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DeBord Report Live with Sasha Strauss of Innovation Protocol

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KPCC

The DeBord Report Live's first guest: Sasha Strauss of Innovation Protocol. He's taller and I have the much older suit.

On Wednesday, KPCC's Crawford Family Forum team and I kicked off the first installment of "DeBord Report Live." We had a great crowd and a great guest — Sasha Strauss, Managing Director of Innovation Protocol, a strategic branding firm based here in L.A.

You may have heard Sasha on "The Patt Morrison Show." You may have watched Sasha in YouTube videos. But you haven't lived — or I hadn't anyway — untill you've seen Sasha do his thing live. We covered A LOT of territory in our 90-minute conversation, punctuated by Q&A sessions with the audience — and a few table-turners, where Sasha interviewed me (my beat-up 1998 Saab and my 15-year-old Brooks Brothers suit evidently say quite a lot about the Brand That Is Me).

You can listen to whole thing here. Advance warning: Be prepared to turn down the volume at times! By the end, I think you'll know a lot more about social media, how brands rise and fall — and about where Sasha is coming from as a person who believes that brands are deeply emotional and ultimately about more than mere commerce.

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Mashable: Not bought by CNN yet

14th Annual Webby Awards

Stephen Lovekin/Getty Images

CEO/founder of Mashable Pete Cashmore attends the 14th Annual Webby Awards at Cipriani, Wall Street on June 14, 2010 in New York City.

Just a quick follow up on yesterday's rumor that CNN is buying Mashable for $200 million. Nobody has bought anybody yet. But at Phillymag, Brian Howard provides some useful speculation on what a sale could ultimately mean:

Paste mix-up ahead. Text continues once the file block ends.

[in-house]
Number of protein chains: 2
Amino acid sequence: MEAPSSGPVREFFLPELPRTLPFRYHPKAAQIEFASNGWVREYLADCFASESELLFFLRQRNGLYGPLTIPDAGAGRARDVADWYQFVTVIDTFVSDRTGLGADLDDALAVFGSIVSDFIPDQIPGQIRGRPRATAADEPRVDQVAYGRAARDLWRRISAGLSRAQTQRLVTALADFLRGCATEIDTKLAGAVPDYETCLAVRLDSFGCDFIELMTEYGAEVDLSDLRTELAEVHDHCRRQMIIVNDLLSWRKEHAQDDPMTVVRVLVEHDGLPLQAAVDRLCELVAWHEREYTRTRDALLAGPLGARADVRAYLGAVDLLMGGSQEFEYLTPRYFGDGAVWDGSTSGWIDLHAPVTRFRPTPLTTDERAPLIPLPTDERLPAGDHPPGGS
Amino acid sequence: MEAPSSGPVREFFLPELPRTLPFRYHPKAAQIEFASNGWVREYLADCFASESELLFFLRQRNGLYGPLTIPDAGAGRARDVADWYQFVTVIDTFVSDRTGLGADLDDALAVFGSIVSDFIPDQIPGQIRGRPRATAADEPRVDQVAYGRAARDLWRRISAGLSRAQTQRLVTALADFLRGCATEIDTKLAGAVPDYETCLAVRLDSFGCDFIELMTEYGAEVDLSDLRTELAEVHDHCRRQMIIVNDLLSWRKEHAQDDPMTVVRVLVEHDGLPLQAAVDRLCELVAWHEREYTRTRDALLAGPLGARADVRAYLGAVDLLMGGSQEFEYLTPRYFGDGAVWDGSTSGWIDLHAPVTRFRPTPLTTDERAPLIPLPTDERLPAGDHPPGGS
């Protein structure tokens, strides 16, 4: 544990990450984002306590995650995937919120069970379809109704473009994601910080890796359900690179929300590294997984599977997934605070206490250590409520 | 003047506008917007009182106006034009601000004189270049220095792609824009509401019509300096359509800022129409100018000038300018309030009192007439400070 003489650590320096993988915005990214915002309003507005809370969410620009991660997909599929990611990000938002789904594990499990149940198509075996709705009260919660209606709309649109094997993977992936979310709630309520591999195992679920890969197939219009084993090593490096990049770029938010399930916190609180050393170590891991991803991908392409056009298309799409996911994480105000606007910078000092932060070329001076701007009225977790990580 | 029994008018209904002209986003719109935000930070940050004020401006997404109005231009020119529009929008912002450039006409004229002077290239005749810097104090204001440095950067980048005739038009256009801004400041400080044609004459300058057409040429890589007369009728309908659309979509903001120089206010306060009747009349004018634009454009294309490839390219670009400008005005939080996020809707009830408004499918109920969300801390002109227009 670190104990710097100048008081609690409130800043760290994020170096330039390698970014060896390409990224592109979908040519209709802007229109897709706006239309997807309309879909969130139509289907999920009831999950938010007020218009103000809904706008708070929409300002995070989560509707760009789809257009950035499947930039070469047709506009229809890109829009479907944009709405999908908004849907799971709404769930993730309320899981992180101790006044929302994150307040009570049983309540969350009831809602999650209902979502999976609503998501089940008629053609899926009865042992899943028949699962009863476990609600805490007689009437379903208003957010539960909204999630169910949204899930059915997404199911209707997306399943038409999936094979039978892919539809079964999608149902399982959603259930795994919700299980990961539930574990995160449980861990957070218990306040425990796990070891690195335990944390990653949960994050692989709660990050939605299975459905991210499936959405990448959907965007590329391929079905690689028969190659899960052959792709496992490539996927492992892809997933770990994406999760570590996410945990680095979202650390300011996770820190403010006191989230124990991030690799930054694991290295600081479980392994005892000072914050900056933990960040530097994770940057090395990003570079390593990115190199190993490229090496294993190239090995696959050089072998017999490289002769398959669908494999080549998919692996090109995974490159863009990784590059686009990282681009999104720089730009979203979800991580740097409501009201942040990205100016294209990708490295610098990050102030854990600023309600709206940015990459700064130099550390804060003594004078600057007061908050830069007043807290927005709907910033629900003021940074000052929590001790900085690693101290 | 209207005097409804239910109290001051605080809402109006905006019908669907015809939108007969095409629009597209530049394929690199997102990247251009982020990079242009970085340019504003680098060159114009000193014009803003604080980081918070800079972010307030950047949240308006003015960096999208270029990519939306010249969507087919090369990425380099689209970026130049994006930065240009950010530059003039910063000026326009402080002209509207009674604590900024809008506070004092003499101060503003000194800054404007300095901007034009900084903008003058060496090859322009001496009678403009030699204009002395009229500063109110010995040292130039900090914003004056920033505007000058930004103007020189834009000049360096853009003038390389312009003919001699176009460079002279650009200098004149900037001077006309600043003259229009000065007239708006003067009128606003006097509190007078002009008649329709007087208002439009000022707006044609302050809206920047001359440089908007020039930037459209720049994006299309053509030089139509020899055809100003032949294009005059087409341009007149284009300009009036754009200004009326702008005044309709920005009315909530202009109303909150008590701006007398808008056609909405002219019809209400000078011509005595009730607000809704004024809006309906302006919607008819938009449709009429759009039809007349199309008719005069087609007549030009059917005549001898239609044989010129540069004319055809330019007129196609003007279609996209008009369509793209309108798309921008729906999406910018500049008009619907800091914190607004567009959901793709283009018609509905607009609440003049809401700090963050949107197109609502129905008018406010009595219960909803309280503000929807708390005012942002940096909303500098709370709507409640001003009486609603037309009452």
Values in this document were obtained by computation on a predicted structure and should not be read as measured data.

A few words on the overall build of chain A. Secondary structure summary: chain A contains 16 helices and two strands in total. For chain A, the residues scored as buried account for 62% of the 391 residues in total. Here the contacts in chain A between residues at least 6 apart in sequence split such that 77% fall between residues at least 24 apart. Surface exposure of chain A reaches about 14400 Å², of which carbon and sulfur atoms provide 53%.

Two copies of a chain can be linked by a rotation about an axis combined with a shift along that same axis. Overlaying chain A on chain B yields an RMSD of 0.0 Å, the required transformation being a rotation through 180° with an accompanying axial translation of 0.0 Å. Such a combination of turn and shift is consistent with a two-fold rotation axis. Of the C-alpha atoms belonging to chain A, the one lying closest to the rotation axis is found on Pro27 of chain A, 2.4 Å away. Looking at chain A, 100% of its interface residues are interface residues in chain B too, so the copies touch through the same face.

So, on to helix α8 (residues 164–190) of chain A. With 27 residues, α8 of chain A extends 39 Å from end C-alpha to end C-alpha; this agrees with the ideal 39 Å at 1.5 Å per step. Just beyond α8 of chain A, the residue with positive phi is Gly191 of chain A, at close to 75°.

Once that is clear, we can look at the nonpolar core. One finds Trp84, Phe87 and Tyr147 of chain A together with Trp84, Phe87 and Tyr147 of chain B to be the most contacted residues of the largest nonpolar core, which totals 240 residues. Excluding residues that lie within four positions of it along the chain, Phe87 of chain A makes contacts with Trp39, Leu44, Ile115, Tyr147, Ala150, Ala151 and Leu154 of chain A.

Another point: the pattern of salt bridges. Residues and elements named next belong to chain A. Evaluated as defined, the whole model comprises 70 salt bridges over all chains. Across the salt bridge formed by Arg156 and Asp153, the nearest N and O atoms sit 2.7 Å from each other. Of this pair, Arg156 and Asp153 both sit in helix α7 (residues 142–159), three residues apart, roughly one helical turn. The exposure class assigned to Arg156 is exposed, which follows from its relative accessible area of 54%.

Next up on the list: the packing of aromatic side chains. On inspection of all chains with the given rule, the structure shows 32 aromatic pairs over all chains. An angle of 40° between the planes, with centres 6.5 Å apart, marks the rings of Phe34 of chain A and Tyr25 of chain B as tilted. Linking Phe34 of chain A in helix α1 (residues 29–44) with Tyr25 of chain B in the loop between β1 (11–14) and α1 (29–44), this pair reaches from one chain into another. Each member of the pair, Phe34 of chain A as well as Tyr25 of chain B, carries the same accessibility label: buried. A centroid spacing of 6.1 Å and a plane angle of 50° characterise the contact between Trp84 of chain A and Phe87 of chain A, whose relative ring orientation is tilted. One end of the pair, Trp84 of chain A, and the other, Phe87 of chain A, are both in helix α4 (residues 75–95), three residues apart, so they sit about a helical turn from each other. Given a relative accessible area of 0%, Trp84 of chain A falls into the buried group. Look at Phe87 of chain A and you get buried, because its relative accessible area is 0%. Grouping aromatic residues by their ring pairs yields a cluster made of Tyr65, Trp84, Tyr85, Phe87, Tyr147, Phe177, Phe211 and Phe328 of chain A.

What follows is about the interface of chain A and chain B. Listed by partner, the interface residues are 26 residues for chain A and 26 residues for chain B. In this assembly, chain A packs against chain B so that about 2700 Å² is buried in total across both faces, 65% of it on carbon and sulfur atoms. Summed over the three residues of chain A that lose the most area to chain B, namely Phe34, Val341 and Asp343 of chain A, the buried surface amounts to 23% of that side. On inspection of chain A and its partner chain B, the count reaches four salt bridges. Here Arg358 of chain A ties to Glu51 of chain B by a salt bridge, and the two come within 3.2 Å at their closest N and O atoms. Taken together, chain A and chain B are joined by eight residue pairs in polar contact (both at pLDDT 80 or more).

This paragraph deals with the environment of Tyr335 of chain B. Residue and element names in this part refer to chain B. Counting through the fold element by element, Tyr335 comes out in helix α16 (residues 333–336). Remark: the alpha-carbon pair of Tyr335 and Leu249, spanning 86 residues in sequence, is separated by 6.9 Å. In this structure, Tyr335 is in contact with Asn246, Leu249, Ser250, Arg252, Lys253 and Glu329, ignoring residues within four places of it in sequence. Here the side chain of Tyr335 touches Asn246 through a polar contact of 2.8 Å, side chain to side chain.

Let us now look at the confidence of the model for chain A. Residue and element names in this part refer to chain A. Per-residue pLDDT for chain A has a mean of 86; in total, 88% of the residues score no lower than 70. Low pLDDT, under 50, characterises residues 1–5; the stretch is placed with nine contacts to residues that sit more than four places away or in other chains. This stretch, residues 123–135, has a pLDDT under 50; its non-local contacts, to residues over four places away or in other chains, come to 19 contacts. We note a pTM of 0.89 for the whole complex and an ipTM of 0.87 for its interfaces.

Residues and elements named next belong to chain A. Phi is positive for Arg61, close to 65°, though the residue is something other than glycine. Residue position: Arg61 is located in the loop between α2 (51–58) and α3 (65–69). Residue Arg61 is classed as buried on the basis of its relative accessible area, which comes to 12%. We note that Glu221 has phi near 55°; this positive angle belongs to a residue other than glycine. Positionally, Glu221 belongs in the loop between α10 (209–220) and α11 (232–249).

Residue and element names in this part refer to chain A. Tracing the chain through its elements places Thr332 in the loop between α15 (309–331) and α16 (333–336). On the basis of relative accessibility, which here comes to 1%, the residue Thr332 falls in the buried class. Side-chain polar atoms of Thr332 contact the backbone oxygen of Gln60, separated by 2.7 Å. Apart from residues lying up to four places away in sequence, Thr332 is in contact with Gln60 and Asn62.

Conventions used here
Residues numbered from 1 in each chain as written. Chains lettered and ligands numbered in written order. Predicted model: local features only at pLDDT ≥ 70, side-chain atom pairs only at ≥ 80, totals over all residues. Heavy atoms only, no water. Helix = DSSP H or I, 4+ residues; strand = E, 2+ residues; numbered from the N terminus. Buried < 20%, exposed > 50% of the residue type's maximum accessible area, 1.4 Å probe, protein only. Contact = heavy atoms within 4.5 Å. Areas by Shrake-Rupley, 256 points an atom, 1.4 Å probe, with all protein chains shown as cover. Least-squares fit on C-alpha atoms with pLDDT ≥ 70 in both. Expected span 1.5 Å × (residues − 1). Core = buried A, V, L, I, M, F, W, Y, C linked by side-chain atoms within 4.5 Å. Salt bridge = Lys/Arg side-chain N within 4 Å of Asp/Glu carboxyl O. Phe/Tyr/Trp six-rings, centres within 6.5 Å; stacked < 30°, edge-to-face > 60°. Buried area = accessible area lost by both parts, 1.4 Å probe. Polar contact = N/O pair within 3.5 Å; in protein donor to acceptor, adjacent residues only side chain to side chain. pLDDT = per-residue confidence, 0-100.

CNN’s interest is, ultimately, a nod to the future—a tacit acknowledgment that social media may finally be the panacea that allows the robots and algorithms that search the Internet for us to give us exactly what we want: the best content available. It could signal a return to the concept of content as king (rather than the content on the first page of search results, regardless of quality, as king).

Mashable is, by most objective standards, one of the best blogs on the Internet for coverage of social media and technology issues. How ironic indeed if this were to lead to its compromised relevance.

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CNN buying Mashable for $200 million? Well, this is awkward...

Republican presidential candidates takes

PAUL J. RICHARDS/AFP/Getty Images

CNN hosted GOP presidential debates. It may now be debating whether to buy social media and tech blog Mashable.

There's a rumor floating around — reported by Reuters and others — that Mashable, the social-media and tech blog, is about to be bought by CNN for $200 million. Mashable denies it